I have never liked the notion that fish eggs get dispersed via birds. The idea is that water birds somehow acquire fish eggs when they wade around in fish spawning areas and then transport the eggs to further water bodies. Sticky eggs allegedly adhere to bird feet and/or become trapped under feathers. It’s not hard to come up with other mechanisms, either, such as eggs being released from a dead fish when it is regurgitated by an egret feeding its young.
But none of those ideas wash with me. Sure, the eggs of some fish species are sticky, but lots of other species’ eggs are not and yet isolated water bodies can still have fish, even live-bearers. Indeed, the mosquitofish (Gambusia affinis), which is found in more aquatic habitats and more isolated surface water bodies than any other fish in the Coastal Plain, is a live bearer.
And the feathers of birds in the water are so tightly appressed that it is hard to see how eggs could get under them and hitchhike around. It is certainly reasonable to presume that some fish eggs get transported by birds, but it must be rare compared to the innumerable isolated water bodies out there harboring multiple fish species.
Then there’s the inconvenient fact that many small mountain streams and their little manmade reservoirs do not contain fish. This is because fish cannot pass tall waterfalls (and is the reason that salamanders are abundant and species-rich in the Appalachians). Furthermore, many reservoirs constructed here have existed for decades and are frequently visited by water birds, yet they do not have fish.
Thus, I welcomed the publication of research focusing on a review of the scientific literature that concluded there is no evidence for fish eggs migrating via birds (tinyurl.com/ya3m4whv). Fortunately, a lit review like this often sets the stage for experiments to prove or disprove a theory. I can hardly wait!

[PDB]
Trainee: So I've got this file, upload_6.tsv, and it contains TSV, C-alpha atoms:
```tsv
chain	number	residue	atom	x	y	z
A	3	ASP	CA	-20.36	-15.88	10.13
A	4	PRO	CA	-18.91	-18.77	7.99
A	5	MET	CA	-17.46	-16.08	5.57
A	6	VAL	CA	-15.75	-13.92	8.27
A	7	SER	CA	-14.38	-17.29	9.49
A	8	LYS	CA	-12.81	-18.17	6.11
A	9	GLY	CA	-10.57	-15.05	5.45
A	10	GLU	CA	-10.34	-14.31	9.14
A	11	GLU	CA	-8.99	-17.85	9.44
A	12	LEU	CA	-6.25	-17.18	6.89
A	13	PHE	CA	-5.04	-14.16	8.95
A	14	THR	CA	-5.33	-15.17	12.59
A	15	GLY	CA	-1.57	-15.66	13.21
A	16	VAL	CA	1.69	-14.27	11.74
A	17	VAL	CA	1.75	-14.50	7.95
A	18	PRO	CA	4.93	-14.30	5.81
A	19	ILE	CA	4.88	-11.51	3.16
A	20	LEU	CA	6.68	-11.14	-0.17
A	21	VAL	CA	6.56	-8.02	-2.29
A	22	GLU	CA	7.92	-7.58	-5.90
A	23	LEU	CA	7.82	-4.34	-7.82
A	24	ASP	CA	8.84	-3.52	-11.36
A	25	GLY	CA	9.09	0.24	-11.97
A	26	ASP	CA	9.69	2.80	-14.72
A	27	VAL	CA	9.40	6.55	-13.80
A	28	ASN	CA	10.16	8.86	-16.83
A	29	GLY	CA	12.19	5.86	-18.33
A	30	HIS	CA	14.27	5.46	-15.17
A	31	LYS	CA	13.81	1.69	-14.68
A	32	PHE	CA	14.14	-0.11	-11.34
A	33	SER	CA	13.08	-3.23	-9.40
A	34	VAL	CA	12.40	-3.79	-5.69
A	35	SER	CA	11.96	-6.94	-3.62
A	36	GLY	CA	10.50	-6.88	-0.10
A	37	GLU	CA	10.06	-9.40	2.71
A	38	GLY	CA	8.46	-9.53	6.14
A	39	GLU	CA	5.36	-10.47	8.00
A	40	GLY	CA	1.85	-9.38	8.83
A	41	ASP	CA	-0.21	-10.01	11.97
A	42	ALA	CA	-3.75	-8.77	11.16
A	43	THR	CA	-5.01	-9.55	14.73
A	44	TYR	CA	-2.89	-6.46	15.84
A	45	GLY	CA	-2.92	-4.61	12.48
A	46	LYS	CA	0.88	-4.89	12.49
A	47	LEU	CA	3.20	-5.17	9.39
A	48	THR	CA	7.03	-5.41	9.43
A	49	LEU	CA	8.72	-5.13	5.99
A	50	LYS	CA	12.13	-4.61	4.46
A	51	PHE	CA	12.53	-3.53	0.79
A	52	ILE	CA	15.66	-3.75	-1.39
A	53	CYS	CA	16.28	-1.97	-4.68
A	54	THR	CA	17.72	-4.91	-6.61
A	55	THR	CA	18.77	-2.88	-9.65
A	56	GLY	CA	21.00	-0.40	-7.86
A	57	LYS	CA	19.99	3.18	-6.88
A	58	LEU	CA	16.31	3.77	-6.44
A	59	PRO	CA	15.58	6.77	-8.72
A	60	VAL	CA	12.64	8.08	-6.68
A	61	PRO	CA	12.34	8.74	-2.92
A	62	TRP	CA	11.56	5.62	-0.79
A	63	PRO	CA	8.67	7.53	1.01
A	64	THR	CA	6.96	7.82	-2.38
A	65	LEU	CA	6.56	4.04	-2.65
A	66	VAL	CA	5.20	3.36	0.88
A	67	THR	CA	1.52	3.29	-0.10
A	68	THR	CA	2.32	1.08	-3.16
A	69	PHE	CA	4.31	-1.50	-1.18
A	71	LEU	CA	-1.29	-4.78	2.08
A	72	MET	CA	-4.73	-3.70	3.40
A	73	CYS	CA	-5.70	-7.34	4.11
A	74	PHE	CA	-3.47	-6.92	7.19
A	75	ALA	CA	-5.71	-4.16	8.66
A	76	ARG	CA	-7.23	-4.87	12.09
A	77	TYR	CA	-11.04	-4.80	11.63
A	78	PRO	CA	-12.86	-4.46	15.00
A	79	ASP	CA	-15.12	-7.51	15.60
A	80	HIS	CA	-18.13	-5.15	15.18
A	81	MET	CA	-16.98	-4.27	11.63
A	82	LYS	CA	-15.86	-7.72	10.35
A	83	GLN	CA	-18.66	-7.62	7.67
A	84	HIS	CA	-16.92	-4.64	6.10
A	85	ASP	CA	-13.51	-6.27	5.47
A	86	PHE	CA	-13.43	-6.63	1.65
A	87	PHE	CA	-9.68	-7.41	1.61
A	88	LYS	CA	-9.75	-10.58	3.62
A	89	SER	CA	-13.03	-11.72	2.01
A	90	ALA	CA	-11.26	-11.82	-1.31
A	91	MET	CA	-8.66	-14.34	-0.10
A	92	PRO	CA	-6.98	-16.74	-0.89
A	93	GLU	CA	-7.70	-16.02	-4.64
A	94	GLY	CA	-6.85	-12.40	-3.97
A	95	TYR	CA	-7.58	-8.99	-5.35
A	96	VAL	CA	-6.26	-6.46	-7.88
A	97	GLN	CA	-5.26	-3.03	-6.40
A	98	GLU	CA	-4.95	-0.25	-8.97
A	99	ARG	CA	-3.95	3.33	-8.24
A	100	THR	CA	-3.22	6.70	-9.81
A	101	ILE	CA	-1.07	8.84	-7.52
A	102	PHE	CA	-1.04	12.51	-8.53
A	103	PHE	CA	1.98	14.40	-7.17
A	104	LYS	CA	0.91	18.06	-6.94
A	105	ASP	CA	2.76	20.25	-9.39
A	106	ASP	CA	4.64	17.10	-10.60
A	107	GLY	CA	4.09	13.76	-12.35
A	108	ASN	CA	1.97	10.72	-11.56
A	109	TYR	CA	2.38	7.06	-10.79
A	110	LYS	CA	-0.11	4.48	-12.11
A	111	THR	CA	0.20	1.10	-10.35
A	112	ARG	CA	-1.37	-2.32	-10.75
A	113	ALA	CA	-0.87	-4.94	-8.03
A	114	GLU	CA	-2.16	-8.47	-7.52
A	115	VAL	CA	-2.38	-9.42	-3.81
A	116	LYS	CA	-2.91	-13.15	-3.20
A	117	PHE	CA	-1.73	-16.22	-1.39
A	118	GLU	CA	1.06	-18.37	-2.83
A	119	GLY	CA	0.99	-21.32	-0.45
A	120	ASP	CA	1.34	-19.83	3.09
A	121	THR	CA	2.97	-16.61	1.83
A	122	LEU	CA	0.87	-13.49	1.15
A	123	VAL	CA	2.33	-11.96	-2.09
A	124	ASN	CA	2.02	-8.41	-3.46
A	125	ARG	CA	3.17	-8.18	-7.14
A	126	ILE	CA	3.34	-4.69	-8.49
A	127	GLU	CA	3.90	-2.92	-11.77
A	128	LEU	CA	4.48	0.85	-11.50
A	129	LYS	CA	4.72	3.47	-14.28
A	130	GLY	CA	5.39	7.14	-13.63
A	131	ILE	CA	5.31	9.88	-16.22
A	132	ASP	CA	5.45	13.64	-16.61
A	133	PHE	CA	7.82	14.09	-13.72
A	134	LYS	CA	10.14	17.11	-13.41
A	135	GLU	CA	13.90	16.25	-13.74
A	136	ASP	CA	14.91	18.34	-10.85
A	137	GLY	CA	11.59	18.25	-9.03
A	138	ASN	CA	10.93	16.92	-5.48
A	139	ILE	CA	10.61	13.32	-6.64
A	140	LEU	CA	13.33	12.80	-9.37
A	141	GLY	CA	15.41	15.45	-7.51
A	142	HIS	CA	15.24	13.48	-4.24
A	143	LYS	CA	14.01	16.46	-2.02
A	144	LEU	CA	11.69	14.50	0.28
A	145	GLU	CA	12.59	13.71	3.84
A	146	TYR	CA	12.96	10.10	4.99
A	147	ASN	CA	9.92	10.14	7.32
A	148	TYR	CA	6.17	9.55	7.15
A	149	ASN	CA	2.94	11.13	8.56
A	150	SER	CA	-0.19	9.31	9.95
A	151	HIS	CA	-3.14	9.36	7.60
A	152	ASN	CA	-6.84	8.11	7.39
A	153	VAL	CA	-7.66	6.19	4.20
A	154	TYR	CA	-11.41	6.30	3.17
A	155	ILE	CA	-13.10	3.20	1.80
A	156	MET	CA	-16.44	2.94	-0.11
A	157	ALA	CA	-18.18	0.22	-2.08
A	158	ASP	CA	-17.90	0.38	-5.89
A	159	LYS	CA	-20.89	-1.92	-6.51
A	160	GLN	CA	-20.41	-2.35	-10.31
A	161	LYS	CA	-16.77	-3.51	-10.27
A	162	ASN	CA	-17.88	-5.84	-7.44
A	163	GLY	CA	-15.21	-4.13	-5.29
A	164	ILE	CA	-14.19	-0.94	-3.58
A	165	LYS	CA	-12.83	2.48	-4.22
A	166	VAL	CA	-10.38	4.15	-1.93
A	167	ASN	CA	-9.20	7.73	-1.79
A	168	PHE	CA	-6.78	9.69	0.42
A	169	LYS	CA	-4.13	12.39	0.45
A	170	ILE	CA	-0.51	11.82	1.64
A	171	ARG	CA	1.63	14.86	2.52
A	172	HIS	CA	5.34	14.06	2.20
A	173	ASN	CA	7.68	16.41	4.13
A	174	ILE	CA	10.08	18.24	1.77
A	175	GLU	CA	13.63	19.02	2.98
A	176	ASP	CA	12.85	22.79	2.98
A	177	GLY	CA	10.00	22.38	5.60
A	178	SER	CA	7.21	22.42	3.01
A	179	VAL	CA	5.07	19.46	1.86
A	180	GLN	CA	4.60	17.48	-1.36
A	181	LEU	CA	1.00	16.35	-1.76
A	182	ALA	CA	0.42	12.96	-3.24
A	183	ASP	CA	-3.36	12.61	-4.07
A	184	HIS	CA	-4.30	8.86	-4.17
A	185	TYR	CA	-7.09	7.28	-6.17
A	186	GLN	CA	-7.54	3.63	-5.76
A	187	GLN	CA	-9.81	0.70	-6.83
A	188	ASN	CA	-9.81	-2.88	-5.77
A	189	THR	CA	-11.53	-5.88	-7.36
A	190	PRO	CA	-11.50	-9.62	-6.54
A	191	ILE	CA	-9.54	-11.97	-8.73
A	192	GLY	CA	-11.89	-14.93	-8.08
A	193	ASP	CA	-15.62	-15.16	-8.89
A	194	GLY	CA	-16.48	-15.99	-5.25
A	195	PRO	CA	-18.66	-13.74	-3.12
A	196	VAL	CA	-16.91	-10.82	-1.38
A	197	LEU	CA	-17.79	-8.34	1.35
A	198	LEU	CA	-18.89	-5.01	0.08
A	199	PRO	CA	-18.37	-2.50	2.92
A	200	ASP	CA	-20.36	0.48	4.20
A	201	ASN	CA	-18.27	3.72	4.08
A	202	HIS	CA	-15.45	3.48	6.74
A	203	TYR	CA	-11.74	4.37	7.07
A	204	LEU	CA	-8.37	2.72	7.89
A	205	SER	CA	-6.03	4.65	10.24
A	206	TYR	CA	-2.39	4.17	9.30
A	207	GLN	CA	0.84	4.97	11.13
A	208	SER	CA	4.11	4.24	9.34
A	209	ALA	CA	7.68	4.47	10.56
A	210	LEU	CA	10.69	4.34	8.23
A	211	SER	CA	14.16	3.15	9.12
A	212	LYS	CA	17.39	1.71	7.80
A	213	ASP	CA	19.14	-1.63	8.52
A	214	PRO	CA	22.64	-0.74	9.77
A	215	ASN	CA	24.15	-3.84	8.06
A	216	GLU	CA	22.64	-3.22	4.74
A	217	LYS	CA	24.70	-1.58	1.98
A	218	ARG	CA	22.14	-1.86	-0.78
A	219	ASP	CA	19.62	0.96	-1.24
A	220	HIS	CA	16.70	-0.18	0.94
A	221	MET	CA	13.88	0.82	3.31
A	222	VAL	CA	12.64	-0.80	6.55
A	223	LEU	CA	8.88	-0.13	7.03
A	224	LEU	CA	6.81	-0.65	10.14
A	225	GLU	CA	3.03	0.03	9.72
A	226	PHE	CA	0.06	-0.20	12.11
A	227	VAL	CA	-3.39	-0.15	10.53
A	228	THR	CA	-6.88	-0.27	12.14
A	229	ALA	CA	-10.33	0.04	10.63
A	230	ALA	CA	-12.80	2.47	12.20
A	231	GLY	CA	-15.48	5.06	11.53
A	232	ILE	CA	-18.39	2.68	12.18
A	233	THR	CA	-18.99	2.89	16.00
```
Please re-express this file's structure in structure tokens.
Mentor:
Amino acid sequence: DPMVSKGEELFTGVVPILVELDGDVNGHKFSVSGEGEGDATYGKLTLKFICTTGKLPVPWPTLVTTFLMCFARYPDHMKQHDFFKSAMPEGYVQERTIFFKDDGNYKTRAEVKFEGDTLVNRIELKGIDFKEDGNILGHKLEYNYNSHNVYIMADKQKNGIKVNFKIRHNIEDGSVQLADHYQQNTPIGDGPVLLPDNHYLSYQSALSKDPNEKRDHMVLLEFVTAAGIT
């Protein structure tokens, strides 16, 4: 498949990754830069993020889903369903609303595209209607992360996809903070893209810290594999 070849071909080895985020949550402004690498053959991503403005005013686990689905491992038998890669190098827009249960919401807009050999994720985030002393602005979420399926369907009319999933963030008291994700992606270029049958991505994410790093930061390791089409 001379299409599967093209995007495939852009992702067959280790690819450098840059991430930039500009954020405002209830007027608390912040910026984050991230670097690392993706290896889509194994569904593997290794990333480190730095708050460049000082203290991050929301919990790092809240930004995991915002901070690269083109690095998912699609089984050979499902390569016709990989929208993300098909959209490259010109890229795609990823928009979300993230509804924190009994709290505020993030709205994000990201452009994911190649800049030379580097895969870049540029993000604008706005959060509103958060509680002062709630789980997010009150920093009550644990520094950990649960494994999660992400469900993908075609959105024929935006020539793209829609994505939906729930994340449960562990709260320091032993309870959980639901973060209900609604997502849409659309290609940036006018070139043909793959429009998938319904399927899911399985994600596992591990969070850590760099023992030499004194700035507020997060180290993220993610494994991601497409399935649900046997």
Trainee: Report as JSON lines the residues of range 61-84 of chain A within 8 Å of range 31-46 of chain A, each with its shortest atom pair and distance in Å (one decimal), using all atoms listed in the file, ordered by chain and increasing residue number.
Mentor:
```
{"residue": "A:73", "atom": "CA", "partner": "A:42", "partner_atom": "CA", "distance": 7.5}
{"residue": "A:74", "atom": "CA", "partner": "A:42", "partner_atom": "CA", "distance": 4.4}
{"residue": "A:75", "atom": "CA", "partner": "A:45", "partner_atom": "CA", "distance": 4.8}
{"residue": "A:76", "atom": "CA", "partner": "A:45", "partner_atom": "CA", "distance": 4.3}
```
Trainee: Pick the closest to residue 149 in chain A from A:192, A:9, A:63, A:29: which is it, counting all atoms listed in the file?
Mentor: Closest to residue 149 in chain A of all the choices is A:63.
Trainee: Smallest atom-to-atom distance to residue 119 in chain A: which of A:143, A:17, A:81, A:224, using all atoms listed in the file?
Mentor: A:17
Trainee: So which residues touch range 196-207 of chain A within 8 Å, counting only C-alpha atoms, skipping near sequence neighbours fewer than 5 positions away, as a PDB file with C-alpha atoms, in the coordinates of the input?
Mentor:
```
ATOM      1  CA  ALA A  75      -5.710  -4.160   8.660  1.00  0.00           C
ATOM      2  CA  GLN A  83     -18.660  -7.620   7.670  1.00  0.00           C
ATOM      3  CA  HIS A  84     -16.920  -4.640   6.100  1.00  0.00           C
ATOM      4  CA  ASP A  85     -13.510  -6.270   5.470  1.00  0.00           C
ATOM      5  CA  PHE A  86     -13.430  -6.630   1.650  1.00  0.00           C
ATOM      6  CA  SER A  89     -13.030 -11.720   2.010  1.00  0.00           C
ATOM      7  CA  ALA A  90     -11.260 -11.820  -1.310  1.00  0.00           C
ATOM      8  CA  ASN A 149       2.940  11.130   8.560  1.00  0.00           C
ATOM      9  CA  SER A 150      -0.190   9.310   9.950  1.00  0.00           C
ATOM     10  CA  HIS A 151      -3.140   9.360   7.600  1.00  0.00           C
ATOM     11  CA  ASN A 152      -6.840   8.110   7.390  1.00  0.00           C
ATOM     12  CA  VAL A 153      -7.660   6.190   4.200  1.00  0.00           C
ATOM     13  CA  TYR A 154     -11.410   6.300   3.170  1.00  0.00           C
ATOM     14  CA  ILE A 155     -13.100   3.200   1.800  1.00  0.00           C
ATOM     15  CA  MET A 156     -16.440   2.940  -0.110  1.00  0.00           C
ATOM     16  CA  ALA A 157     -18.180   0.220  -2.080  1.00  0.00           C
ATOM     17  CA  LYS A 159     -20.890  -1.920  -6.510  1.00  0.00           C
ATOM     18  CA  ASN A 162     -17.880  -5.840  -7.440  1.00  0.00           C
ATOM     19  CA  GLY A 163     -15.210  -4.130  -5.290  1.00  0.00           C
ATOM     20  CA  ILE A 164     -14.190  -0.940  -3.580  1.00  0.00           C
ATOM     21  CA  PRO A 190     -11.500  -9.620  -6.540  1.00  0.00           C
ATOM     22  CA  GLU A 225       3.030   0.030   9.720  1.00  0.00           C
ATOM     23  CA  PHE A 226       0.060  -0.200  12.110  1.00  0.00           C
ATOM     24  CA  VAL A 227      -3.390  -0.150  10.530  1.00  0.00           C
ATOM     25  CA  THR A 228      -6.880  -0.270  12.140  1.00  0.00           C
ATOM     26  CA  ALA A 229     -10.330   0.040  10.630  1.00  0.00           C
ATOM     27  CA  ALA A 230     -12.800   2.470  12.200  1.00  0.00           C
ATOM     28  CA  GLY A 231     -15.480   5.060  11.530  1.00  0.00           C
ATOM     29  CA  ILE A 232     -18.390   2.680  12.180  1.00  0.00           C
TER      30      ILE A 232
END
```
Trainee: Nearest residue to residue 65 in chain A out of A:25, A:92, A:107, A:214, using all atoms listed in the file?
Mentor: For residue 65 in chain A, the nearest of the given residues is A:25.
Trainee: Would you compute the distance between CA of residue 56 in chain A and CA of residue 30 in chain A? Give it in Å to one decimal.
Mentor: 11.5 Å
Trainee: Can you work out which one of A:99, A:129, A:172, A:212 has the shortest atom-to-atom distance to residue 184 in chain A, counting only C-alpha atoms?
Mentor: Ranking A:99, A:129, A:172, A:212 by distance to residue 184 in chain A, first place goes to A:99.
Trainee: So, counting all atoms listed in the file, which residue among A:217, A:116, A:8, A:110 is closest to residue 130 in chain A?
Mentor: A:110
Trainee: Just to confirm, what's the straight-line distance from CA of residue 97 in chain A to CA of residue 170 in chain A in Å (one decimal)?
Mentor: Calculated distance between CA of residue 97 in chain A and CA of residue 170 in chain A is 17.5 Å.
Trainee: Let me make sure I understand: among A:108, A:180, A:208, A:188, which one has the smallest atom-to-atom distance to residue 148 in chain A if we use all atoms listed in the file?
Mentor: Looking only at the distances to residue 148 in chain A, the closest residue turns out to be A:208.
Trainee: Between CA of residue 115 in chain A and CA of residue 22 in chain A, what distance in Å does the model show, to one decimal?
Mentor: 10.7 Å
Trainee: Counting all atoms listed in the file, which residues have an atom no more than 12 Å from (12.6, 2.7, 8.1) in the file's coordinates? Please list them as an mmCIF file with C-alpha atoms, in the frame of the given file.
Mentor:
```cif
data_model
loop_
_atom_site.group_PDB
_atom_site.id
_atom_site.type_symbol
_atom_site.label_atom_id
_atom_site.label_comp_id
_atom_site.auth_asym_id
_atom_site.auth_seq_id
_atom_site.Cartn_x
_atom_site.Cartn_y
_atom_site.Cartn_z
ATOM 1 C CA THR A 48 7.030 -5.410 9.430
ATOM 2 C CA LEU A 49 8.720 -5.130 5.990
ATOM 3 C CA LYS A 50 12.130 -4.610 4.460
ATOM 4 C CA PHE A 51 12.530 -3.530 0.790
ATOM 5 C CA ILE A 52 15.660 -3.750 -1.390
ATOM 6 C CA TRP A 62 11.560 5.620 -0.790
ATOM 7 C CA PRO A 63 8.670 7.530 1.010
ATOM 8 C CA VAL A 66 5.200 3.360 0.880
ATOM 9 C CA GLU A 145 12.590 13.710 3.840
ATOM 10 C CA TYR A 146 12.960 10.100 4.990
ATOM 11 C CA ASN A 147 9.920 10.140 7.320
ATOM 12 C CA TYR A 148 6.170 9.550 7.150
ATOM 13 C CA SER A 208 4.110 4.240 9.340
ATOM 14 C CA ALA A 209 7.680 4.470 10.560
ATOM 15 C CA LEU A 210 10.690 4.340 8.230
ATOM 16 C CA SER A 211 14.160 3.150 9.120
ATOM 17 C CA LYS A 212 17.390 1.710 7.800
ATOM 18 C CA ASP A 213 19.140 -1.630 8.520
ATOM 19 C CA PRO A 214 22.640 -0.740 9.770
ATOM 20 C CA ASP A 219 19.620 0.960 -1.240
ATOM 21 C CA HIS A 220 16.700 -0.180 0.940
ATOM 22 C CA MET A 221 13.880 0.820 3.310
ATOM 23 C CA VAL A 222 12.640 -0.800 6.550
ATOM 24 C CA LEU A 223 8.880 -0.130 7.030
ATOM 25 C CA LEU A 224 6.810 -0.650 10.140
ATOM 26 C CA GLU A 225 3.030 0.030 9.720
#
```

The notion that fish themselves hitchhike rides on birds is even less likely than their eggs doing so. Water birds are largely fish-eaters and have excellent eyesight.
And then there’s the notion that fish can disperse via underground conduits. Sure, that can work with manmade culverts and to a lesser extent where streams running through vadose caves connect surface water bodies, but fish are much less likely to get around through phreatic cave passages. Nonetheless, the vast majority of isolated water bodies are underlain by dirt, which fish are totally unable to migrate through. Overall, the underground dispersal of fish must be trivial.
I believe that fish disperse almost exclusively by swimming. Many surface water bodies that today are isolated were connected in the past, which would explain how fish reached them. Less obviously, a connected wetland can fool the casual observer into wrongly thinking that it is isolated today; however, any competent civil engineer, geologist, or field biologist can spot tiny channels called “drains” that flow only during and immediately after storm events. Having been out in the woods in the rain numerous times, I can attest that many wetlands and ponds that look isolated are actually connected by tiny temporary surface streams during strong rain events during wet seasons.
I have personally seen several kinds of fish swimming upstream in such natural drains, including the mosquitofish and its taxonomic live-bearing cousins the least killifish (Heterandria formosa) and sailfin molly (Poecilia latipinna), plus bowfin (Amia calva) and various bream species (Lepomis spp.). I have also seen small fish swimming overland in the inundated ruts of a trail road that imitated forest “drains” during a downpour. Fish were coming from a river and going uphill to a series of small ponds.
Thus, I can think of numerous ways that fish can disperse by swimming, instances when apparently isolated water bodies are not actually isolated, and instances where fish do not exist in truly isolated places that are frequented by water birds. Case closed? Naw, now gotta prove it!